Team: Emma Drobina, Shusen Liu, Peer-Timo Bremer

Machine learning models for scientific applications often learn complex, high-dimensional functions that are difficult to understand on their own.  Additionally, many existing techniques for evaluating models fail to handle scientific models effectively, because the model can achieve high global accuracy while retaining errors at key extrema. To fill this gap, a team at Lawrence Livermore National Lab led by Shusen Liu and Peer-Timo Bremer designed a method to reduce complex models to two dimensions so that they could view the function learned by the model as a contour map, which highlights the extrema, saddle points, and slope.

During the summer of 2020, I joined the team as an intern to take the existing code for NDDAV and make it available as a Jupyter Notebook extension. This involved familiarizing myself with the Jupyter Notebook extension creation process (including the use of ipywidgets and traitlets), learning how to launch and communicate between additional processes from Jupyter Notebook, and developing my fluency in Javascript and Python/Javascript communication.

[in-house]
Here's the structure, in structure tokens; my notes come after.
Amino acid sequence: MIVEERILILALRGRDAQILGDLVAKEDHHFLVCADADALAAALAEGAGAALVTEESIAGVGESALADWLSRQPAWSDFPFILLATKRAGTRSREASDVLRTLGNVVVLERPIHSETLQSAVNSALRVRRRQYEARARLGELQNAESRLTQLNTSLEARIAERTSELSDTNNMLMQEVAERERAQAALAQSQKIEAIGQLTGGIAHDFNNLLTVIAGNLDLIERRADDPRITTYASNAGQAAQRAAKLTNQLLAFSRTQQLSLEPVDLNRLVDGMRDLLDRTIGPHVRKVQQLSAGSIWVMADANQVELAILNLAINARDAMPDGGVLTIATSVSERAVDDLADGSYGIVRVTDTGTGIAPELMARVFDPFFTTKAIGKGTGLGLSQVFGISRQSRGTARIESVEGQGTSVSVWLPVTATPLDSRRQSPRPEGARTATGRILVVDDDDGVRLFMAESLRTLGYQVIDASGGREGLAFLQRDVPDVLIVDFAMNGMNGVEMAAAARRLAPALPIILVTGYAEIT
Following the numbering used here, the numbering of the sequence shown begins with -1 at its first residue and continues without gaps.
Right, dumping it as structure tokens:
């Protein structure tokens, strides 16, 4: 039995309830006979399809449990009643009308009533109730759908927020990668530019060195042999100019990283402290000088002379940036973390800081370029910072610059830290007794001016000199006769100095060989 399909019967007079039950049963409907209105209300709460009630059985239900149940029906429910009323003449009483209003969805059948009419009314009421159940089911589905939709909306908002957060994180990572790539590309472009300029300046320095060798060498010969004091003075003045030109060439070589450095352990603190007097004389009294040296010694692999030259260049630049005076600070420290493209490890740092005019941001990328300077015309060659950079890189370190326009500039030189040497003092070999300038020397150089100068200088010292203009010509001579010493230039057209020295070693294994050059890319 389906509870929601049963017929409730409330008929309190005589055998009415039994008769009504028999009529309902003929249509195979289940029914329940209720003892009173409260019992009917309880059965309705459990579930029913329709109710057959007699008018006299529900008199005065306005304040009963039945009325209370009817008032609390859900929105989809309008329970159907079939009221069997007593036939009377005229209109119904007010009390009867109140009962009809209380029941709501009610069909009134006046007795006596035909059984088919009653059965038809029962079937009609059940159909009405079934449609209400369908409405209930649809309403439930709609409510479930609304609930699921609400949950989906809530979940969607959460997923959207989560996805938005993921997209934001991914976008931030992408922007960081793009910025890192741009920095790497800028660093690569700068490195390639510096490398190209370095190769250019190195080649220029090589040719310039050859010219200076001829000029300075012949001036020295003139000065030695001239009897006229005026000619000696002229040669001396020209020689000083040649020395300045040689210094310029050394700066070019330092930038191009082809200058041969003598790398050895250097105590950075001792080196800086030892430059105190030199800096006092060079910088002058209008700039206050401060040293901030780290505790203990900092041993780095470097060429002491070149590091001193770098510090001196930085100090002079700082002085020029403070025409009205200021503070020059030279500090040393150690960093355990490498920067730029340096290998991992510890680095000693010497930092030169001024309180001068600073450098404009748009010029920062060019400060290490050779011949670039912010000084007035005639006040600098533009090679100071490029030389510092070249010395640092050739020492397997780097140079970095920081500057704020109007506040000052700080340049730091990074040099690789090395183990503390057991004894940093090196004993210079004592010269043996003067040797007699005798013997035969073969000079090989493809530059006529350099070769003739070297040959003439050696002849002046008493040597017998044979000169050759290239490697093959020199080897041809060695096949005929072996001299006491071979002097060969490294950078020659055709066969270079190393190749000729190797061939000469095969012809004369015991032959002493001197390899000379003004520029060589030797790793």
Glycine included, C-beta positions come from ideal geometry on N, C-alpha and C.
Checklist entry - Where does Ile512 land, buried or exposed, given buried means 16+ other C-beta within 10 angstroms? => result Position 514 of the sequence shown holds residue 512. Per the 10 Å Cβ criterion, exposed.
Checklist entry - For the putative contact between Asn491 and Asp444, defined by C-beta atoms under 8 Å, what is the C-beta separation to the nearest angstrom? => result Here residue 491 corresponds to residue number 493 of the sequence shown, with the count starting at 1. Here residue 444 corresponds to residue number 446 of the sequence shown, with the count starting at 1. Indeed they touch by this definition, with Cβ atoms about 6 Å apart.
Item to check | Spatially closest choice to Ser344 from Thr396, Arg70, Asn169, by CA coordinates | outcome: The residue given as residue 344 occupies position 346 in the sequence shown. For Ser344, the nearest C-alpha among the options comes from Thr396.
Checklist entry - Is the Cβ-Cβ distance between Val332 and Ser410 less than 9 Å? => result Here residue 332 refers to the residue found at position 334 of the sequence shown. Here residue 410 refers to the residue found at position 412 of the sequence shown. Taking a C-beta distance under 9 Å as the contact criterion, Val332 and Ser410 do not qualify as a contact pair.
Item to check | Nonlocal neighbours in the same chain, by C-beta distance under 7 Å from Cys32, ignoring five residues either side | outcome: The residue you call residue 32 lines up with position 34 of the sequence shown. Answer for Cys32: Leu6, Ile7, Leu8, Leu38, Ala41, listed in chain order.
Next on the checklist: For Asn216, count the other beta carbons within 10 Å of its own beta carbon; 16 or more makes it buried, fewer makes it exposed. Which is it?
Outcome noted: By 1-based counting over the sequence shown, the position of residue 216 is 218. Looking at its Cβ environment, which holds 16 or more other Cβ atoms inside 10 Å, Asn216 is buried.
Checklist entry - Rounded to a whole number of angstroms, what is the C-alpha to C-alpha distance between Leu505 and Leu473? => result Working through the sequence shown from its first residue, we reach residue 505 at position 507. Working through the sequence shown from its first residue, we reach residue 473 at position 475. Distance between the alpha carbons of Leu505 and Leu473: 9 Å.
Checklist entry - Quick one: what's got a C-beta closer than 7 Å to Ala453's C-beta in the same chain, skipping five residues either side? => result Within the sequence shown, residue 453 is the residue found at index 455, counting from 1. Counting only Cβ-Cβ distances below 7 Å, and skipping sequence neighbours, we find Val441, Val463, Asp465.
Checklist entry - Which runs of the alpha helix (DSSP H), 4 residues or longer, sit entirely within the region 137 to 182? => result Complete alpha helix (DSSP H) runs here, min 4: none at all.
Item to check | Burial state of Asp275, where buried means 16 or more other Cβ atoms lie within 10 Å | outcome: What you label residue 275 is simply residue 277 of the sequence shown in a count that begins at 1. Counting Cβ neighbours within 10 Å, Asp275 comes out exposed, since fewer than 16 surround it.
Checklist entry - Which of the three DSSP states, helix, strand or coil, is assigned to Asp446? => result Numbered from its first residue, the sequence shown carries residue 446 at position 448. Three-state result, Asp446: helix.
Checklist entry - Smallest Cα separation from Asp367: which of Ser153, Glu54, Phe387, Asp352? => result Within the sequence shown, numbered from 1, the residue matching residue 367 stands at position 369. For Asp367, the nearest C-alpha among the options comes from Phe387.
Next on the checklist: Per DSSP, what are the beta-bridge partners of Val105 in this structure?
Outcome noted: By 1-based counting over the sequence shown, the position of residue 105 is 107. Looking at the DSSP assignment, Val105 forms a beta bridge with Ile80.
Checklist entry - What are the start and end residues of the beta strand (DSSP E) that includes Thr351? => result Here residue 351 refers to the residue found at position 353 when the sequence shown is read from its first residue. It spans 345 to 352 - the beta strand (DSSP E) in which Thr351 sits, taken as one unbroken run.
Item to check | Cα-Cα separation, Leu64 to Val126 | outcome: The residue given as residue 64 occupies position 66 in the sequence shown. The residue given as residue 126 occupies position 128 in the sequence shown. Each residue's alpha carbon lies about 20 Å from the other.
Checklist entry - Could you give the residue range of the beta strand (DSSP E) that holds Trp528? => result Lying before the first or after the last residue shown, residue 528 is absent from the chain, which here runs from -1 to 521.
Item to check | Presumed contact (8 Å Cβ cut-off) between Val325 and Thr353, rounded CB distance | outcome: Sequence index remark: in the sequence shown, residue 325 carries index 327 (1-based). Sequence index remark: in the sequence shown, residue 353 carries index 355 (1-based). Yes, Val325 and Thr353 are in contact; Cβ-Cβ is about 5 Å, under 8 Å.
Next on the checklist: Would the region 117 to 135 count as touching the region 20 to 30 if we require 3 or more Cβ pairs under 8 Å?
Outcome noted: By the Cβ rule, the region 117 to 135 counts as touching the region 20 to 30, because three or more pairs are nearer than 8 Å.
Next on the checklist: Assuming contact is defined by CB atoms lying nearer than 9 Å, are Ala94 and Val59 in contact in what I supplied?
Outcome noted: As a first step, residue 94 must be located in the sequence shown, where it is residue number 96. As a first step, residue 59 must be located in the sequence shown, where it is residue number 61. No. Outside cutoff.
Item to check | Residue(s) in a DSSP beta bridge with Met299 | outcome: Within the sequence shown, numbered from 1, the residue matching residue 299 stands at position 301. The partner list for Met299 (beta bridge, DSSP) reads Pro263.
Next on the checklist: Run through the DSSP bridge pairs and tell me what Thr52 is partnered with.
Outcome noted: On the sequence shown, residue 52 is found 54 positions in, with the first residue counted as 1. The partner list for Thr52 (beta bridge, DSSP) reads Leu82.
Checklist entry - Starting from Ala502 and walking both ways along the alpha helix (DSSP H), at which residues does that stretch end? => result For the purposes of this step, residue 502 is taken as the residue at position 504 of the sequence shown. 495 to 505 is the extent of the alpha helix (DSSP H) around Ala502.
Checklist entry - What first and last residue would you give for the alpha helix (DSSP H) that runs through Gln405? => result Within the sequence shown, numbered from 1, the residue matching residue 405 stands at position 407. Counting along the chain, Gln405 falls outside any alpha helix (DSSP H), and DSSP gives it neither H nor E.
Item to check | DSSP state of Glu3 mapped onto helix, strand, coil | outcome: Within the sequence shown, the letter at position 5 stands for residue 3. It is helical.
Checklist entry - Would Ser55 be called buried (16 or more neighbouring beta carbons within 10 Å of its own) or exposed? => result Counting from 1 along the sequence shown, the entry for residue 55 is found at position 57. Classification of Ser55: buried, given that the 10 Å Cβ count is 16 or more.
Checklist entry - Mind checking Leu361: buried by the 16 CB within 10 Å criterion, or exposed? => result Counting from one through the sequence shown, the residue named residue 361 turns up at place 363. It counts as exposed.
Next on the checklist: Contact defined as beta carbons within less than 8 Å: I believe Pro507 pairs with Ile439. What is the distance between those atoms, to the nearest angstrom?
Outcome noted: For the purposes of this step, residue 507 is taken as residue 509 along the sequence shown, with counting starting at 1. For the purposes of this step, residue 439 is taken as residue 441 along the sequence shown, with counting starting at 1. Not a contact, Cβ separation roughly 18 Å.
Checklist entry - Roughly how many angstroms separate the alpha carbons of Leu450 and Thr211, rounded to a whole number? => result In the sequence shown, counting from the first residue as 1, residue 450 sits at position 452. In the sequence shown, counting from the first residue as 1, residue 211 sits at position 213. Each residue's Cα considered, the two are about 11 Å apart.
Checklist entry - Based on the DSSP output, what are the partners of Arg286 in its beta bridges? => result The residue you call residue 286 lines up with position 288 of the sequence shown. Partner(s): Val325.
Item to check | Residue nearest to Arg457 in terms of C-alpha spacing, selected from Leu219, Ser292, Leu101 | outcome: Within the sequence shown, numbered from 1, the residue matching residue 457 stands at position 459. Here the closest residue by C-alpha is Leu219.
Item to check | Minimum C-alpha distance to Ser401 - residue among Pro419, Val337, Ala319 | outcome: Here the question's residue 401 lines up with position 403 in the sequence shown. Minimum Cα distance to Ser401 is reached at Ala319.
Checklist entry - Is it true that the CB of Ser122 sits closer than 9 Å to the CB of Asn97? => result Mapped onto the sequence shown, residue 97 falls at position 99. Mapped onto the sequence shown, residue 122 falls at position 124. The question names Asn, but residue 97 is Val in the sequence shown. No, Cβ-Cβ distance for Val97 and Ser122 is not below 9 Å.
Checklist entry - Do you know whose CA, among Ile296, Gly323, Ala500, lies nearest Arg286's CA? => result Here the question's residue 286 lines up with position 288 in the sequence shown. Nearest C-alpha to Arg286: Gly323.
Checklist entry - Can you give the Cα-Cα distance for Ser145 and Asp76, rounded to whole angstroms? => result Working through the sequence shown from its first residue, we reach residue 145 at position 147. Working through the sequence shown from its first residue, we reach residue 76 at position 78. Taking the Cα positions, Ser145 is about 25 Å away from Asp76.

The branch containing my code for NDDAV can be viewed here on GitHub.

I completed the Jupyter extension with time to spare and presented my results at LLNL’s Summer SLAM and at the Lawrence Livermore Foundation’s special edition Summer SLAM, where I presented to LLNL retirees. This was a great opportunity to improve my scientific communication skills and get direct feedback on my presentation. My slides can be viewed below: